I love music in most forms, and I feel it’s a bit of a “cause” for me because of how important it has been in my life, and how I believe it truly helps people. Which is why I was really excited to find that a good friend had taken a route with music that not enough people think about – music therapy. There’s a feeling as you approach college as a music student that your options are either to teach music or play music, but that’s just not the case. So I’d like to shed a little light on the work done by Metro Music Therapy and while they may not be in your area, perhaps you or someone you know could benefit from the services offered by groups like them to people of all ages.

Music therapy has been around about as long as instruments have. Through the centuries it’s been said that music could rid a person of demons, delay madness in mental patients, purify the soul, or even aid with healing of diseases. Modern music therapy really began with veterans from World War I and II. Musicians, some quite famous, were sent to hospitals to play for soldiers suffering from mental and physical trauma as the result of battle. The results of these musical interactions were discussed for years. William Congreve wrote that now famous (often misquoted) line, “Music hath charms to soothe a savage beast…” but did you know it goes on to say, “…to soften rocks, or bend a knotted oak.” Congreve was on to something there, music takes hold of people in an almost indescribable way.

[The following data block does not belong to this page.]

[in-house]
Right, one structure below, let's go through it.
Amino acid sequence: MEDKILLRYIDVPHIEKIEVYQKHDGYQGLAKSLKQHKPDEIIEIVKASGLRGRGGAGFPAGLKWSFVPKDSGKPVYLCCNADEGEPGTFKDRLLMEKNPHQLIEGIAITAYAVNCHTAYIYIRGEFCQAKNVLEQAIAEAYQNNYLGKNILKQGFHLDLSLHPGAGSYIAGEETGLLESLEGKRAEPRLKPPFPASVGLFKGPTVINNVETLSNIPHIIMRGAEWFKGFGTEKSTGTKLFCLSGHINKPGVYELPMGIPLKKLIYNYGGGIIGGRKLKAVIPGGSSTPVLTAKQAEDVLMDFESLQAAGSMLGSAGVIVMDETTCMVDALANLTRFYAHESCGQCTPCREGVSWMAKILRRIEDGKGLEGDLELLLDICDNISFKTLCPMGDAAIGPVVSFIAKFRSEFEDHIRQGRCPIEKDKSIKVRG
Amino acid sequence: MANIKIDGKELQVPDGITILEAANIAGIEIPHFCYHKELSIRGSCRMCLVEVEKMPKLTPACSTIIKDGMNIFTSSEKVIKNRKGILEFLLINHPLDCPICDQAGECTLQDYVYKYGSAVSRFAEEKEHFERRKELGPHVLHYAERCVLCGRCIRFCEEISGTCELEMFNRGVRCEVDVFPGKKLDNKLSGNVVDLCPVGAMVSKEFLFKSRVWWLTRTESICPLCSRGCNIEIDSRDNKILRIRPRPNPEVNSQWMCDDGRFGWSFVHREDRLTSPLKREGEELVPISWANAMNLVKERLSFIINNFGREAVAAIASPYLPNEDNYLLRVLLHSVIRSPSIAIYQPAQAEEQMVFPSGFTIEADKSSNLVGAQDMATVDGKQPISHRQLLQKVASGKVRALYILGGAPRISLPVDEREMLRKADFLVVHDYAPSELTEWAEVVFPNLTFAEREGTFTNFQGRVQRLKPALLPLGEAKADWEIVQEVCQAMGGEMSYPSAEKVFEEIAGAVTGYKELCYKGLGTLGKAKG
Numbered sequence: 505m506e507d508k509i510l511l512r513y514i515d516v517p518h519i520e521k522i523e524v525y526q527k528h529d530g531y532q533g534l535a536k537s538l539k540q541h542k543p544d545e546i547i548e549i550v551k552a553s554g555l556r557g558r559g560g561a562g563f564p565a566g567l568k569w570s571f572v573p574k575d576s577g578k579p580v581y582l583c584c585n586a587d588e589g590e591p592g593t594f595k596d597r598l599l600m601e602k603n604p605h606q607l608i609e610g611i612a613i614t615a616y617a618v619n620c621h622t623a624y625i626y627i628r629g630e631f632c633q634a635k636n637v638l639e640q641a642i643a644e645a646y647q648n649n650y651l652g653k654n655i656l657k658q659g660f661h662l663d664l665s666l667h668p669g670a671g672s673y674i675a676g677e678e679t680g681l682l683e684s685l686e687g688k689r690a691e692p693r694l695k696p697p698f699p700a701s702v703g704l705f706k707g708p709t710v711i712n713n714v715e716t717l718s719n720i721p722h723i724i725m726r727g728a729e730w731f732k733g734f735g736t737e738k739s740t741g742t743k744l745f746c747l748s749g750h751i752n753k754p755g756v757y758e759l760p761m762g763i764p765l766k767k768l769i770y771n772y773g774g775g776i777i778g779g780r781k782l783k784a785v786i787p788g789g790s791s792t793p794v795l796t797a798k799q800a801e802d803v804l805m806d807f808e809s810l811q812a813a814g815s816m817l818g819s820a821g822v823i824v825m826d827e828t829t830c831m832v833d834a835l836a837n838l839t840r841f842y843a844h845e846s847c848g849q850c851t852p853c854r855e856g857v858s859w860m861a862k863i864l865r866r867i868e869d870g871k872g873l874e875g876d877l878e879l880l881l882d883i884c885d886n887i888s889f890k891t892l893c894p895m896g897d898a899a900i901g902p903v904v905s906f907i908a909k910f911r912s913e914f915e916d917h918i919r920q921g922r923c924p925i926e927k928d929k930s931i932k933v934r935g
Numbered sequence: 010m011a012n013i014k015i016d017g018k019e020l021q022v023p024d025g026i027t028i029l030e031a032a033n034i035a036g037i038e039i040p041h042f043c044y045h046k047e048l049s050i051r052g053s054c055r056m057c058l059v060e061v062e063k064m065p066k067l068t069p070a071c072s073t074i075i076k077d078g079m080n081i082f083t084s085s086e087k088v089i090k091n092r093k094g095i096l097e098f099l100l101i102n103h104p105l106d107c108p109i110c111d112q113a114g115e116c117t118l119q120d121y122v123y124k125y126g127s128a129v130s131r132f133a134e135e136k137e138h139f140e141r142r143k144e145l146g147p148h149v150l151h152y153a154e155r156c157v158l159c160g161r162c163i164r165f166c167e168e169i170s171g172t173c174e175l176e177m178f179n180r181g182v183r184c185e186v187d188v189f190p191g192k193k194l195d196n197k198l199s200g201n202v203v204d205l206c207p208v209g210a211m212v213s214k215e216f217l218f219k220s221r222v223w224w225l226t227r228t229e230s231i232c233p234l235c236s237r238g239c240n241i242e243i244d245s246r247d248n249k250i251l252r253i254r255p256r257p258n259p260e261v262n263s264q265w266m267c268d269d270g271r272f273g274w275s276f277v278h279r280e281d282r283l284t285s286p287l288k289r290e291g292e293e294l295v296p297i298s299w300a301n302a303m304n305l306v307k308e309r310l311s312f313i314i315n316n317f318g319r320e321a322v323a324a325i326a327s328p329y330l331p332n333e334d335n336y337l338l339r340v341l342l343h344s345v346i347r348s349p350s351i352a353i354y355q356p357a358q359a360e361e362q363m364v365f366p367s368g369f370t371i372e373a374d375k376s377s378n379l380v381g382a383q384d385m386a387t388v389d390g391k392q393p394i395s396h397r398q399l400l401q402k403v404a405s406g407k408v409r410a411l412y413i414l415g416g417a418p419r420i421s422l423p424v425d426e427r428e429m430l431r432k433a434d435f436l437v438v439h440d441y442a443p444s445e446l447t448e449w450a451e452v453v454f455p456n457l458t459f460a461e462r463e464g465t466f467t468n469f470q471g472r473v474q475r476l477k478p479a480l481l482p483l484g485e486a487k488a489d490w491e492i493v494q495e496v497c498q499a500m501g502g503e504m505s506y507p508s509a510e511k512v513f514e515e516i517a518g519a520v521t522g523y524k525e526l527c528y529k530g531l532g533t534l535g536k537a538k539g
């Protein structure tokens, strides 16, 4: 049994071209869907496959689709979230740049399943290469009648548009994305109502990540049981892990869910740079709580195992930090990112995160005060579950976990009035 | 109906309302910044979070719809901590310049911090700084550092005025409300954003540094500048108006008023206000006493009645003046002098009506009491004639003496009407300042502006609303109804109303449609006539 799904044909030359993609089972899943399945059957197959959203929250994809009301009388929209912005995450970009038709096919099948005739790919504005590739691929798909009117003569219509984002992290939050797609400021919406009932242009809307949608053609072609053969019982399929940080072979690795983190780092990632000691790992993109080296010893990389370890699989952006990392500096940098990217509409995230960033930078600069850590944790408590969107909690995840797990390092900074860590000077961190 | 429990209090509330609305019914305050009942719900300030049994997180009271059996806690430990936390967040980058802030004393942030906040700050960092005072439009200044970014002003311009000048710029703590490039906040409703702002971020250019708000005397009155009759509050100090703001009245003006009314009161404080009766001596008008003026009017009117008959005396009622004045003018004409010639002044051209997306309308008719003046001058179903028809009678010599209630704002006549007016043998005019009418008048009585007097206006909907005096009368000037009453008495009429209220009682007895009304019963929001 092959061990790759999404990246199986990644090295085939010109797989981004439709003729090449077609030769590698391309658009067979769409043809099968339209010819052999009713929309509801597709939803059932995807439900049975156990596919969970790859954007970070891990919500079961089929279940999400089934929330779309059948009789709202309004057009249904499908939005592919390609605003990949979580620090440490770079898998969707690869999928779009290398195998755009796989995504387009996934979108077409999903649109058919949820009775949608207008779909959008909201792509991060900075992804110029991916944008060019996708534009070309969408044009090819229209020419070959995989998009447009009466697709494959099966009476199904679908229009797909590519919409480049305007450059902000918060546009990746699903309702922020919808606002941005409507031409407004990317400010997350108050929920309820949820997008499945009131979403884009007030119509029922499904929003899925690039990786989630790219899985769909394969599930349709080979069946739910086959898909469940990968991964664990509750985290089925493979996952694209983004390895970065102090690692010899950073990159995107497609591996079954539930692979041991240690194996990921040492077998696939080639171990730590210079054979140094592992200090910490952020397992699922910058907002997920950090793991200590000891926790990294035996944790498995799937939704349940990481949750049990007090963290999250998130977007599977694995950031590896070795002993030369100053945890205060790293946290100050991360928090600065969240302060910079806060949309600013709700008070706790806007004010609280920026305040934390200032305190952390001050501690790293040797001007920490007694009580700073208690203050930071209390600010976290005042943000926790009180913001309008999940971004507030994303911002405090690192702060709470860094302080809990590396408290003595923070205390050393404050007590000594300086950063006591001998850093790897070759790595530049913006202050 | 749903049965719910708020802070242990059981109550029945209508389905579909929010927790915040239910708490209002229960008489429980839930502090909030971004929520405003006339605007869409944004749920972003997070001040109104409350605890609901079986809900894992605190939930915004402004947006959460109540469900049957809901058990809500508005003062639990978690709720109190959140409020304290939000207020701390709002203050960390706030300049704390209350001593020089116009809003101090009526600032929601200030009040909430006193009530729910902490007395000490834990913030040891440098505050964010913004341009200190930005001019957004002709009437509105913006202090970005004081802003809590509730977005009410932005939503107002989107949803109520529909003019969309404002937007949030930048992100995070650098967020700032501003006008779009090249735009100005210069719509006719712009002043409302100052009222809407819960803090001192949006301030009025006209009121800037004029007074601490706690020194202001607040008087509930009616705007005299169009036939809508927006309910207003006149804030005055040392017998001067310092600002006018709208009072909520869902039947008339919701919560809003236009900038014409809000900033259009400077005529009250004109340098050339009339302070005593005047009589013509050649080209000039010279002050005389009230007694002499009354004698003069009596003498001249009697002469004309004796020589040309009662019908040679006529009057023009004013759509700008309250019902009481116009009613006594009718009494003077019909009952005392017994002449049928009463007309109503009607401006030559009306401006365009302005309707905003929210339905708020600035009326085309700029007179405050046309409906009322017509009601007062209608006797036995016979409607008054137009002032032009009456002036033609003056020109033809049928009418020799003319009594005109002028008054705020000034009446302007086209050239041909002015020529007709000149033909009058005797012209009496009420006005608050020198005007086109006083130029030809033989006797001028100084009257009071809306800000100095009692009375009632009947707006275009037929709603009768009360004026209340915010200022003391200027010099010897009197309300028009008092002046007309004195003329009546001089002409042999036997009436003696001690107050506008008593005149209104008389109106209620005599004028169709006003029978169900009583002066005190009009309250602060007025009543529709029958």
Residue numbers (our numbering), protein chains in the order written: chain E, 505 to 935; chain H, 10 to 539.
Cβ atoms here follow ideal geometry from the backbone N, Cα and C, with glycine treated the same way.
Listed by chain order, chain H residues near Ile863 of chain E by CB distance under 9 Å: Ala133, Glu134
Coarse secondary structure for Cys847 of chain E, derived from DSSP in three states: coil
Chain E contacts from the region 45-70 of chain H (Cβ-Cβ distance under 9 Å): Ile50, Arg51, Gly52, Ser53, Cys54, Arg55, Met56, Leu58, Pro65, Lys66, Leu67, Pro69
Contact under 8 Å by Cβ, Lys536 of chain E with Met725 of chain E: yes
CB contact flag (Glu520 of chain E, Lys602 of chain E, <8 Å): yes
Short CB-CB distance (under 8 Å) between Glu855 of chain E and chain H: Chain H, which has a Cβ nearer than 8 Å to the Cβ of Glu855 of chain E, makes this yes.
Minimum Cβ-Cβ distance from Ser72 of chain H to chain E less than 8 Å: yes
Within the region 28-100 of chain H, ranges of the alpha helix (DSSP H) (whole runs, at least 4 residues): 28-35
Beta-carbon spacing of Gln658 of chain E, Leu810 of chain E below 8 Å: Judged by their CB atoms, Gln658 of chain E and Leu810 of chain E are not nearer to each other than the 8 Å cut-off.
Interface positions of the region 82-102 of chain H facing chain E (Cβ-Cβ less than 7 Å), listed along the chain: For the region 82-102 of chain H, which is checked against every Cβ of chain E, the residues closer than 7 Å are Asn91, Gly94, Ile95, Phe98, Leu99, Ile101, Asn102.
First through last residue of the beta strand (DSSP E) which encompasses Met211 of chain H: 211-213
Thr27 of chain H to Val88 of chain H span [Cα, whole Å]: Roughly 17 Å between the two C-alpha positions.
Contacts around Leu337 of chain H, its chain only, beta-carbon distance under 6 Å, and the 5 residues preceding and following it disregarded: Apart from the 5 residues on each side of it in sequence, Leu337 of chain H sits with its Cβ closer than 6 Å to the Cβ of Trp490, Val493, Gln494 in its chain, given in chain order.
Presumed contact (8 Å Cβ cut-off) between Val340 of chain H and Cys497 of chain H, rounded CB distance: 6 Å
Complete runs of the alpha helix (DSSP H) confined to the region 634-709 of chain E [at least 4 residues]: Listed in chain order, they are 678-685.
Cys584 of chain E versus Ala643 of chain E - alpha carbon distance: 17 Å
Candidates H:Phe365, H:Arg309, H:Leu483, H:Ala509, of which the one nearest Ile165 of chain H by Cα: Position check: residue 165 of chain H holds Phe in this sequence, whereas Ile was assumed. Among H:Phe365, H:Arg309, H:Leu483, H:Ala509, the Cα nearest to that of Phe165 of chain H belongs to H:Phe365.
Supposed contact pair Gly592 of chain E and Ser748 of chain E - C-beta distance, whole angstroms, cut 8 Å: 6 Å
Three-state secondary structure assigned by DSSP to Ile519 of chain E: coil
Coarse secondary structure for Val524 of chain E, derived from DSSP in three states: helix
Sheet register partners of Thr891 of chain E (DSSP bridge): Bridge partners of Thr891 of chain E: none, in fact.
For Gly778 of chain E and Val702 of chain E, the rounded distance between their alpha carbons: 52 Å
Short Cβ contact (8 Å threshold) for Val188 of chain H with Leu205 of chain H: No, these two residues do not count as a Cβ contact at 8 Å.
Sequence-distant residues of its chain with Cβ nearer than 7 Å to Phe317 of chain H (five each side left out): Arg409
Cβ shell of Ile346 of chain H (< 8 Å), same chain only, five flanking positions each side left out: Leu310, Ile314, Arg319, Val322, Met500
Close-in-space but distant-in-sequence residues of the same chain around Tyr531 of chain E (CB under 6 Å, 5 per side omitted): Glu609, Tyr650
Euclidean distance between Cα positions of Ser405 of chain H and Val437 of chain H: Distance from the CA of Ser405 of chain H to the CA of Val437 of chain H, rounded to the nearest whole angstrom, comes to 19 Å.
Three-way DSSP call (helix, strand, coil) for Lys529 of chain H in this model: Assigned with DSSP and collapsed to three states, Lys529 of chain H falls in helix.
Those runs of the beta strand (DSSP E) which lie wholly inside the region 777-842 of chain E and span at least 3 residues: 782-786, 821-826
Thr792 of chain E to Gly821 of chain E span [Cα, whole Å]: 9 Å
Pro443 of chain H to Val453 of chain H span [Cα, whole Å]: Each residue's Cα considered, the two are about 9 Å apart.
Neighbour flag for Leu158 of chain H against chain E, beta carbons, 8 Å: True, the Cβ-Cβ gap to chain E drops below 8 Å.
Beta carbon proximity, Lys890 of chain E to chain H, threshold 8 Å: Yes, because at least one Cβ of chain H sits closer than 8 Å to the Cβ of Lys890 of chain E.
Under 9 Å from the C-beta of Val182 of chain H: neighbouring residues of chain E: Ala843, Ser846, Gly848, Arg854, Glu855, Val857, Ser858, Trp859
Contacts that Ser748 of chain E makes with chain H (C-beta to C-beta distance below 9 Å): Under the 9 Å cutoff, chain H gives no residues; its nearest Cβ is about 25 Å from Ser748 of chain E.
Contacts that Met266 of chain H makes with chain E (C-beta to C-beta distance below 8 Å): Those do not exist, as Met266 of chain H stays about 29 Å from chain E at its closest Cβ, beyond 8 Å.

So what is modern music therapy? From the website, “Music Therapy is the clinical and evidence-based use of music interventions to accomplish individualized goals within a therapeutic relationship by a credentialed professional who has completed an approved music therapy program. It is an established health service similar to occupational therapy and physical therapy and consists of using music therapeutically to address physical, psychological, cognitive and/or social functioning for clients of all ages.” In short, music therapists work with people who have any number of disabilities and use music to help in the way they live. If you are a mother who had a special “labor mix” on your iPod, you have used music therapeutically. So this is an idea that many people have used in their life while perhaps not knowing it. I took this opportunity to ask my friend, Mallory Even – who owns and operates Metro Music Therapy, a few questions that go outside the realm of the information provided on the website.

My first question was the one I was most interested to hear the answer. As a former music education major, I’m well aware that music therapy is not an obvious choice to most people. It’s something Mallory aims to change for other students.

With so many career choices involving music, what made you choose music therapy?